I see this video clip as an initiation of a mass civil disobedience process that’ll probably mark an end to any authority that federal or provincial authorities wield at this moment in time. The concept of rule of law will totally become redundant, an unknown phenomenon effectively thrown out of the window. The nation is charged up and ‘emotionally hot’. Such events will encourage even those who had been keeping their heads down to be vociferous and aggressive for no necessary reasons and causes.

Talking to different segments of the Pakistani community in North America, Imran Khan’s asking the public to stop paying utility bills is not being seen in a favorable light. Modern states and nations are expected to establish certain rules that governments must enforce and citizens must abide by. Anything else is a violation of the ‘code’ – a code that helps modern nation states to stay away from anxieties of chaos. As it is, Pakistan is far behind modernity. People get killed and maimed, women get raped every day by dozens, religious minorities are looked down upon, crime is not in short supply, and human rights are an unknown commodity. It’s an incredibly long list of miseries!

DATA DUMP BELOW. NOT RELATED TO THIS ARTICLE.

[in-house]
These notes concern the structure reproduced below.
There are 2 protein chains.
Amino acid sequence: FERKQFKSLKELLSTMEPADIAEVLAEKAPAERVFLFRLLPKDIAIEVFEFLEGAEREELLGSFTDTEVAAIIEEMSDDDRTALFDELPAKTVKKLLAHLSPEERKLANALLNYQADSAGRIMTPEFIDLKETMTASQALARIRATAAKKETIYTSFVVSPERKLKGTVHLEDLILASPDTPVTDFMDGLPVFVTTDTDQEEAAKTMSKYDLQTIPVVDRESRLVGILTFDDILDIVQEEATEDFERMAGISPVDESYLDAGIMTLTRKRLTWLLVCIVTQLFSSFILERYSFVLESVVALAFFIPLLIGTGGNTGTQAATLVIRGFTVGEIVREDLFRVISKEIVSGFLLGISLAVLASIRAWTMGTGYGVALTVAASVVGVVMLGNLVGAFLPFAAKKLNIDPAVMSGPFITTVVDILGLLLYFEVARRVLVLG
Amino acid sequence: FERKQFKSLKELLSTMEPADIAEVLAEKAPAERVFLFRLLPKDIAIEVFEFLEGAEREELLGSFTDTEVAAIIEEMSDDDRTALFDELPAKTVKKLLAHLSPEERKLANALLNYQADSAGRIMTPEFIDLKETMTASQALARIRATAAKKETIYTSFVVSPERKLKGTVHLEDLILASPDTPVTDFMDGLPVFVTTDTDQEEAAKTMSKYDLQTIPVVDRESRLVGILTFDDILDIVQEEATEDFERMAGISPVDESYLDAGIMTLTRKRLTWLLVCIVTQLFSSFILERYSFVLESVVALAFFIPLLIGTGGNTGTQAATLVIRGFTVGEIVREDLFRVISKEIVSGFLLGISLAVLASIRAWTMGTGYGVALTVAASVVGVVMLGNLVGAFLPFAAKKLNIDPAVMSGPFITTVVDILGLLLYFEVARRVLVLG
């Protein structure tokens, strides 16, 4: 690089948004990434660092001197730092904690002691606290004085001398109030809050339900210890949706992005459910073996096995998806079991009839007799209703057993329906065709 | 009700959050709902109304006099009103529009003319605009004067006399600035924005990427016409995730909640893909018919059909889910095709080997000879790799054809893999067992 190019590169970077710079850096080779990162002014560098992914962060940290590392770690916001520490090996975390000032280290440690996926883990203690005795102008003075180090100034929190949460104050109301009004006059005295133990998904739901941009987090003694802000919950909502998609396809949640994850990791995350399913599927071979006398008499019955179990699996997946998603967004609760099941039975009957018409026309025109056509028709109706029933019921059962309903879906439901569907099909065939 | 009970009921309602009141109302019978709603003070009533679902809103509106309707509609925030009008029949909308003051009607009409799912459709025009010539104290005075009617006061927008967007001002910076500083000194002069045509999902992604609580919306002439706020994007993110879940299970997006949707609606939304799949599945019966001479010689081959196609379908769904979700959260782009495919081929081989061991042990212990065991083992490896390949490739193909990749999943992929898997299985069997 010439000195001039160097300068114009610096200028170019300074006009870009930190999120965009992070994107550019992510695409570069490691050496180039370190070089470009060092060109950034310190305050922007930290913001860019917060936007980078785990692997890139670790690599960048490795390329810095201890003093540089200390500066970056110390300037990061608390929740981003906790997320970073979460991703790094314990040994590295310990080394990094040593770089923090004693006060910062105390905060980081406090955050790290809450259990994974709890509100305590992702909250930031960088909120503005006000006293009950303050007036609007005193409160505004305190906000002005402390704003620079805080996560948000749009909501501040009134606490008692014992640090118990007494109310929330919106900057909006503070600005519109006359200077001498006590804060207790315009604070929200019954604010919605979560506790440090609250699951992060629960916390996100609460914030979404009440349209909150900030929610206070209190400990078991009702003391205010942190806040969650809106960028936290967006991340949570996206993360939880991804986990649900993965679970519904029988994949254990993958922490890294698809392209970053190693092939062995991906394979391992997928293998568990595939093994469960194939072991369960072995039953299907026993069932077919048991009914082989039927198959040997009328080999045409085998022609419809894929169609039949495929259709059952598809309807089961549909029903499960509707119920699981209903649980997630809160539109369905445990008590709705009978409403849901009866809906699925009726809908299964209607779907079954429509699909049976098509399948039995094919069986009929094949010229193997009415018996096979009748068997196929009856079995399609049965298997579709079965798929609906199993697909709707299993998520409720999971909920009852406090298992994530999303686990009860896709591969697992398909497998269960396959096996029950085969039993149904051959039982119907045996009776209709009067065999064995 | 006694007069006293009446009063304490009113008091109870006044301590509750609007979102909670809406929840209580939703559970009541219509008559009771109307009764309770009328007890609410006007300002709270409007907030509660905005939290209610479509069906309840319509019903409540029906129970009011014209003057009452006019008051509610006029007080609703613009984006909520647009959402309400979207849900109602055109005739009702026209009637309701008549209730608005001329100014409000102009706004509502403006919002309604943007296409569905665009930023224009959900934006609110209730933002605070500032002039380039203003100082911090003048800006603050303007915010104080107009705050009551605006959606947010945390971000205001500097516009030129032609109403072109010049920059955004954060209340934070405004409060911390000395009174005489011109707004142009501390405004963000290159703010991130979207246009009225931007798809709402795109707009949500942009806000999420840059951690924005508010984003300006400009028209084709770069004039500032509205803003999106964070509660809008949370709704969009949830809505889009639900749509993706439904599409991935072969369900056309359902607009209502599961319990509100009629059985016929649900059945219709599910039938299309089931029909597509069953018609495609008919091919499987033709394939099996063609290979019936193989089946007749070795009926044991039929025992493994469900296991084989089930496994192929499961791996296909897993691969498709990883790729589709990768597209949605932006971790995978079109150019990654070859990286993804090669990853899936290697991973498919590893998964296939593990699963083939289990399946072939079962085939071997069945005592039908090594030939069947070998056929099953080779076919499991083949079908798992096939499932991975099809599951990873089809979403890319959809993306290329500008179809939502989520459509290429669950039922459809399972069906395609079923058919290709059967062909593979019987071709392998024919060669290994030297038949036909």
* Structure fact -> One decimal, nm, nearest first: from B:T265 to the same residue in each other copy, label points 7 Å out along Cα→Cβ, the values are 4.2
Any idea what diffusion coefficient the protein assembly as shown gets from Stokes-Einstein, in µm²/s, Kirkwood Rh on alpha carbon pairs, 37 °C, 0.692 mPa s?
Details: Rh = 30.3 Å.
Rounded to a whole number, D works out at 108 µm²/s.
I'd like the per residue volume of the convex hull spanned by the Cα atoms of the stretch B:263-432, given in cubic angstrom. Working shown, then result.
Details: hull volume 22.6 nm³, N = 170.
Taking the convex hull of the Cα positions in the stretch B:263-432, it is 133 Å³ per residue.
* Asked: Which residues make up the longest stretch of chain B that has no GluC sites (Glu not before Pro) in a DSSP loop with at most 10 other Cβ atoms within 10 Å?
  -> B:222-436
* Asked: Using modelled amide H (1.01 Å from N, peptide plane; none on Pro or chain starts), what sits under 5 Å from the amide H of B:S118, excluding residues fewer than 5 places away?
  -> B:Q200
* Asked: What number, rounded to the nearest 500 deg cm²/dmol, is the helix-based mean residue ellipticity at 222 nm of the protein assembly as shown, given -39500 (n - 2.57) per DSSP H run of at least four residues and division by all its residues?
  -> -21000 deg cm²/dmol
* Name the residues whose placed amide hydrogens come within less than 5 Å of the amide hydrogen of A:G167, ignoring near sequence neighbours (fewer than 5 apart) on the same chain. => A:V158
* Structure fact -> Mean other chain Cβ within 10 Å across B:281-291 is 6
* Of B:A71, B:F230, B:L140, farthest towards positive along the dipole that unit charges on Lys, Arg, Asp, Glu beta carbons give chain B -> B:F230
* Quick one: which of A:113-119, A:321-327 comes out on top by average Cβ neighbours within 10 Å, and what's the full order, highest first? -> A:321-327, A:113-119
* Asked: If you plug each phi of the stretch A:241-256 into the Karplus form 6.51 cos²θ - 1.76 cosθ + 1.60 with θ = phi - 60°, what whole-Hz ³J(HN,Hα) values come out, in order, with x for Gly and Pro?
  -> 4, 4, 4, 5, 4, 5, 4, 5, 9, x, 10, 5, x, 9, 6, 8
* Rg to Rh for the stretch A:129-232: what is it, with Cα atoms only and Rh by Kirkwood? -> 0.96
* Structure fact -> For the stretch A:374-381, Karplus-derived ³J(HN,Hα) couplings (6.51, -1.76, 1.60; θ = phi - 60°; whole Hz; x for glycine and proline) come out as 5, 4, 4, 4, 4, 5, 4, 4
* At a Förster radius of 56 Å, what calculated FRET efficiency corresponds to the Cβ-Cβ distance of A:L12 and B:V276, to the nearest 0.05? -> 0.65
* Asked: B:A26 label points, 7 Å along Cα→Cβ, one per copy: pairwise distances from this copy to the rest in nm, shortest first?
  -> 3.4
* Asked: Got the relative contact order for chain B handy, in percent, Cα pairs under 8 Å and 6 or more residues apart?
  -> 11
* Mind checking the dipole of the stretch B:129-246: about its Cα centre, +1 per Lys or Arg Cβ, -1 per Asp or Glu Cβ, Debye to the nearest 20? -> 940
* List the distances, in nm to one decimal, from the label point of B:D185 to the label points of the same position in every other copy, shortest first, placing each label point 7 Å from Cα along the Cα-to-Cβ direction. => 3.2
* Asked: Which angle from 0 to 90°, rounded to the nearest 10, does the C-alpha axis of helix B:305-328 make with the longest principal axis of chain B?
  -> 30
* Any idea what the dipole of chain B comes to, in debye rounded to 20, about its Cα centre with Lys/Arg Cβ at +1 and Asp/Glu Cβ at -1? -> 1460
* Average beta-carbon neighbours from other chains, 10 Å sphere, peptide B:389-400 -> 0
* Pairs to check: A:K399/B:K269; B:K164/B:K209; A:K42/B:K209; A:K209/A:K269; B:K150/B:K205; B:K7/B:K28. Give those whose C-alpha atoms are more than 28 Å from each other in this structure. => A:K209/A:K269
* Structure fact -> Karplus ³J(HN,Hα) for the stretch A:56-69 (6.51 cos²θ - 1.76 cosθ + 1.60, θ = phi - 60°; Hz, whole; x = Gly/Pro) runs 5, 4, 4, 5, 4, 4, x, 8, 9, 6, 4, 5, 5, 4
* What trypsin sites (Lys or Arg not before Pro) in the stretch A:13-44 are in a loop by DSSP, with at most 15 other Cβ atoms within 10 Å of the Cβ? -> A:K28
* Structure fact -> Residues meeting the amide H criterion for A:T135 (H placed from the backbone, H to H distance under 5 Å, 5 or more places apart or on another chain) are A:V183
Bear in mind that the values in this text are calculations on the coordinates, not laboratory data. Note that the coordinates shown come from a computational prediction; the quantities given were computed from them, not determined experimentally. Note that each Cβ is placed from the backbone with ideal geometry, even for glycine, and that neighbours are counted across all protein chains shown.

Please don’t get mad. Not yet at least because here’s my other thought. I’m about to embark upon my own little critique. While whatever I wrote above may be theoretically true and normatively apply to many other states on God’s Earth, such ideals are not in line with or consonant with the prevailing disastrous Pakistani political culture. Pakistan has fallen so far in the “long game” that such disobedient forms of behavior are inevitable and may have a productive effect over the long haul. The Sharifs are plunderers, as was Zardari. Voluntary reform by the landed elite will not come unless their status and sense of impunity is threatened by push back by ordinary people. The excessive role of the Army also has to be trimmed. Minority rights should be guaranteed and strengthened. The common folks are being squeezed and crushed.

Long story short, this plane incident was great from a news bytes standpoint. Does it auger well for the future? I’m not too sure. I would imagine that Naya Pakistan should be one where peace and equality reign supreme and where people have opportunities to grow and improve. My plea is that civilized people who want to set an example should call for self-discipline. Right now, in my opinion, Naya Pakistan is just euphoric clap trap and high sounding nonsense. Young folks crazy about Imran Khan must realize that being law abiding is a beautiful virtue; keeping one’s head down and working hard to make a living and paying bills on time is not bad. They should not be urged not to pay their utility bills. Most of all, uncouth and anarchist behavior are uncool!

For whatever its worth, while one sympathizes with the terrifying absence of good governance, people of Pakistan can do better and should and must rise up in a peaceful, legal and orderly manner.

Muhammad Irfan

The writer is assistant editor at Lahore Dispatch. He writes on Technology, education and Sports. You can find him on Google+